Jeff Daniels is Richard Dunn, a middle-aged writer — aka “Paper Man” — with a nasty case of writer’s block. His last book bombed, his marriage to a surgeon (Lisa Kudrow) is unhappy, and he talks to an imaginary friend he’s had since grade school, Captain Excellent (Ryan Reynolds). In hopes of finding peace for writing, he moves into a house in a summer resort town during the winter. He meets a high school girl (Emma Stone) and a platonic friendship grows with romantic undertones. Stone makes a memorable impression in a breakout role.
Dunn impulsively hires her as a babysitter even though he has no children. He sits in the cold on a bench looking at the ocean, talking to Captain Excellent, wondering when he should go home. When he returns “the babysitter” has made soup for him. She fights her own mental hang-ups as well. Dunn makes wacky home improvements such as moving the furniture outside and building a new couch from unusual material.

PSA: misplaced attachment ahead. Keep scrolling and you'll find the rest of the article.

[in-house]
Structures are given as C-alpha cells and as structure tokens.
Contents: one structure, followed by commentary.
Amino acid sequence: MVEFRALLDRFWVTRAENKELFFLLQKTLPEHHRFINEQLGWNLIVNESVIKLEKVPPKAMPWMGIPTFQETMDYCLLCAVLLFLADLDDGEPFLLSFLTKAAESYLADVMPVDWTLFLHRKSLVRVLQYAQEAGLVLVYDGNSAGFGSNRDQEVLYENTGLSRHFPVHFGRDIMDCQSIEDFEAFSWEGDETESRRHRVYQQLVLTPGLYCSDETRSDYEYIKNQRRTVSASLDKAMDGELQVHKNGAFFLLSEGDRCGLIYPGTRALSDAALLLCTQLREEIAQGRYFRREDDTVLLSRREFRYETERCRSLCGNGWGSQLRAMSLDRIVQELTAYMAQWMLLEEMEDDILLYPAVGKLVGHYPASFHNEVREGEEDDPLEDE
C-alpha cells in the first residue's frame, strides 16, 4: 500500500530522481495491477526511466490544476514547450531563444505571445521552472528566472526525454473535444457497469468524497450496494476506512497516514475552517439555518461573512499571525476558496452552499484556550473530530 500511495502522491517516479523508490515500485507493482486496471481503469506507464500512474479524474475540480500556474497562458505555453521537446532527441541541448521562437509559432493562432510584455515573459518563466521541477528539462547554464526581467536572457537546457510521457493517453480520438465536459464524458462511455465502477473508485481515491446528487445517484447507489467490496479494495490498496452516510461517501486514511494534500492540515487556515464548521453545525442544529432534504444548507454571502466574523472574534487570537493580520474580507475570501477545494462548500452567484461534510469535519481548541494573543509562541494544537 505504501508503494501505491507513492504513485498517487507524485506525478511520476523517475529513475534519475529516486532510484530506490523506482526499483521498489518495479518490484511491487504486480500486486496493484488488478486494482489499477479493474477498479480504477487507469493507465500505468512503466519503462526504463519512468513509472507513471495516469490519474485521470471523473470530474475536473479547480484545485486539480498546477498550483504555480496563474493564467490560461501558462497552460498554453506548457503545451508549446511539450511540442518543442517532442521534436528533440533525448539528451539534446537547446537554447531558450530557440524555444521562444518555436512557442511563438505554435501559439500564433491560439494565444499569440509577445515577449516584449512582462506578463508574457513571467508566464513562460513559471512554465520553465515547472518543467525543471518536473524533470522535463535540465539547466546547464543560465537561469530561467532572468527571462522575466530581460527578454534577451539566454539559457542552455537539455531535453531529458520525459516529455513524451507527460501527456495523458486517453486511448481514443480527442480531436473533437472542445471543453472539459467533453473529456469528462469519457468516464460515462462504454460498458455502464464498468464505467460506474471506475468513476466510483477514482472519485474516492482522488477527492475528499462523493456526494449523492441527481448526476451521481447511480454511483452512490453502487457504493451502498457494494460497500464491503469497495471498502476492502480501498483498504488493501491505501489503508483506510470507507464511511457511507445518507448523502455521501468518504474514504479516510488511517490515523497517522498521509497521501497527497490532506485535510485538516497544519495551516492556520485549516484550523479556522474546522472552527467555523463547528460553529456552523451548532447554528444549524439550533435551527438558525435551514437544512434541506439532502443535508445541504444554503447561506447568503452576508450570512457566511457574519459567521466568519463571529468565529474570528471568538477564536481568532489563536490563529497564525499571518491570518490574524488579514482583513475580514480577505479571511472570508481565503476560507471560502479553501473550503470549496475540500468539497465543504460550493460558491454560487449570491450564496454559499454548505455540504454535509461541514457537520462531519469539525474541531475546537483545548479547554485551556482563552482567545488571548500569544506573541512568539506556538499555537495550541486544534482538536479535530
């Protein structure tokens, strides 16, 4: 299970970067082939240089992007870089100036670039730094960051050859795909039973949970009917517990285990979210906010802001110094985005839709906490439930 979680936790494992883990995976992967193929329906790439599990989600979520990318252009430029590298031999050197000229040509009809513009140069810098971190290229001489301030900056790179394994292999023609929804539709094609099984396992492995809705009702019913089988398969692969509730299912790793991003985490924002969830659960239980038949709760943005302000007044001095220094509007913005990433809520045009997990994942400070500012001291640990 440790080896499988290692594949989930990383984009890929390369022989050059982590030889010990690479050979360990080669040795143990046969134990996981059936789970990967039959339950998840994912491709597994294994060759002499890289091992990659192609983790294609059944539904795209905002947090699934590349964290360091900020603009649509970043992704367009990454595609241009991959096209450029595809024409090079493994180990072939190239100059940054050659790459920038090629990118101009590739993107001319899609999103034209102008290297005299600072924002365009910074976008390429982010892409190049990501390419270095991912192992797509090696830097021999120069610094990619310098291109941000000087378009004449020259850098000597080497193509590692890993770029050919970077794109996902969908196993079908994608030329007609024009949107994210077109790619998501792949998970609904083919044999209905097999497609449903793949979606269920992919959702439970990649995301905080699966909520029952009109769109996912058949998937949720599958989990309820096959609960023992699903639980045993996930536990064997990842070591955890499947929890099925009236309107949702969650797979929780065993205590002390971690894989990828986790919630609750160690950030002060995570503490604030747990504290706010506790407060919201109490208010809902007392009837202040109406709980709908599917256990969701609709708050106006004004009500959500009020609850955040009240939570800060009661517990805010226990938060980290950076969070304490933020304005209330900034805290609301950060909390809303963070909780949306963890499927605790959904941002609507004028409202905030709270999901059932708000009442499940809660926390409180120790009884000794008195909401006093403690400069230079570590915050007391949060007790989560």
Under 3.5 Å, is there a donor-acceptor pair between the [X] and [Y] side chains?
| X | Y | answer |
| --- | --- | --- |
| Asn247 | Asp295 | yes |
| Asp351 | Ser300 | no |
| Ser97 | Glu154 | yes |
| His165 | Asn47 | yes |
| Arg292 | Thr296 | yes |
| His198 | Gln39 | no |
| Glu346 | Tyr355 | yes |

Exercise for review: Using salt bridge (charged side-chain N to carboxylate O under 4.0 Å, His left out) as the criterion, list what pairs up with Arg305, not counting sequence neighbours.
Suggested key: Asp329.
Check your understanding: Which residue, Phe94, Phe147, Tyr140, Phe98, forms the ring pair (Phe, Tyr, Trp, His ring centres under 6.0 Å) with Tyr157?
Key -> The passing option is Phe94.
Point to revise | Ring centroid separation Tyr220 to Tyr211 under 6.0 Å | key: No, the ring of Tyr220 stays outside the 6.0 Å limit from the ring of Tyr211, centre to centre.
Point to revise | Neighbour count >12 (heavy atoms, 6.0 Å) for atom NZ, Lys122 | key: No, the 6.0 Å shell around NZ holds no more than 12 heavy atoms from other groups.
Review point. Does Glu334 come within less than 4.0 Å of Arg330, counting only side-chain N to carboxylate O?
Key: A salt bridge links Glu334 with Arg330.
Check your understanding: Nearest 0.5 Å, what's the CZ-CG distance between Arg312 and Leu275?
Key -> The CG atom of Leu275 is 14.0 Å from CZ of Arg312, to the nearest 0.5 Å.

The first third is dull and extremely predictable, threatening a derivative mid-life crisis story with a superhero best friend gimmick. But the characters become more realized and the humor eventually works. By the end, it’s fairly touching with earned emotional payoffs, with an interesting conversation between Captain Excellent and Kieran Culkin’s character as a highlight. Without becoming oppressively dour, the film, which screened at the LAFF, honestly observes loneliness and isolation. The fact that the Daniels/Stone relationship isn’t consummated is refreshing; in retrospect, this gives the movie a likability it wouldn’t have otherwise.
Daniels continues a recent streak of excellent performances – often as a volatile writer. He’s honed a niche in films using comedy or dramatic nuance, much like William H. Macy. The whimsical style of writing-directing team Michele Mulroney and Kieran Mulroney is a pleasure to witness. If Stone can get more strong roles like this she might become as equally respected in her peer group. Unfortunately, Hunter Parrish from “Weeds” plays another irritating a*****e as Stone’s boyfriend. It’s a sign that despite how good much of the writing may be, some elements still feel borrowed and overused. But Paper Man should be pleasurable entertainment for most.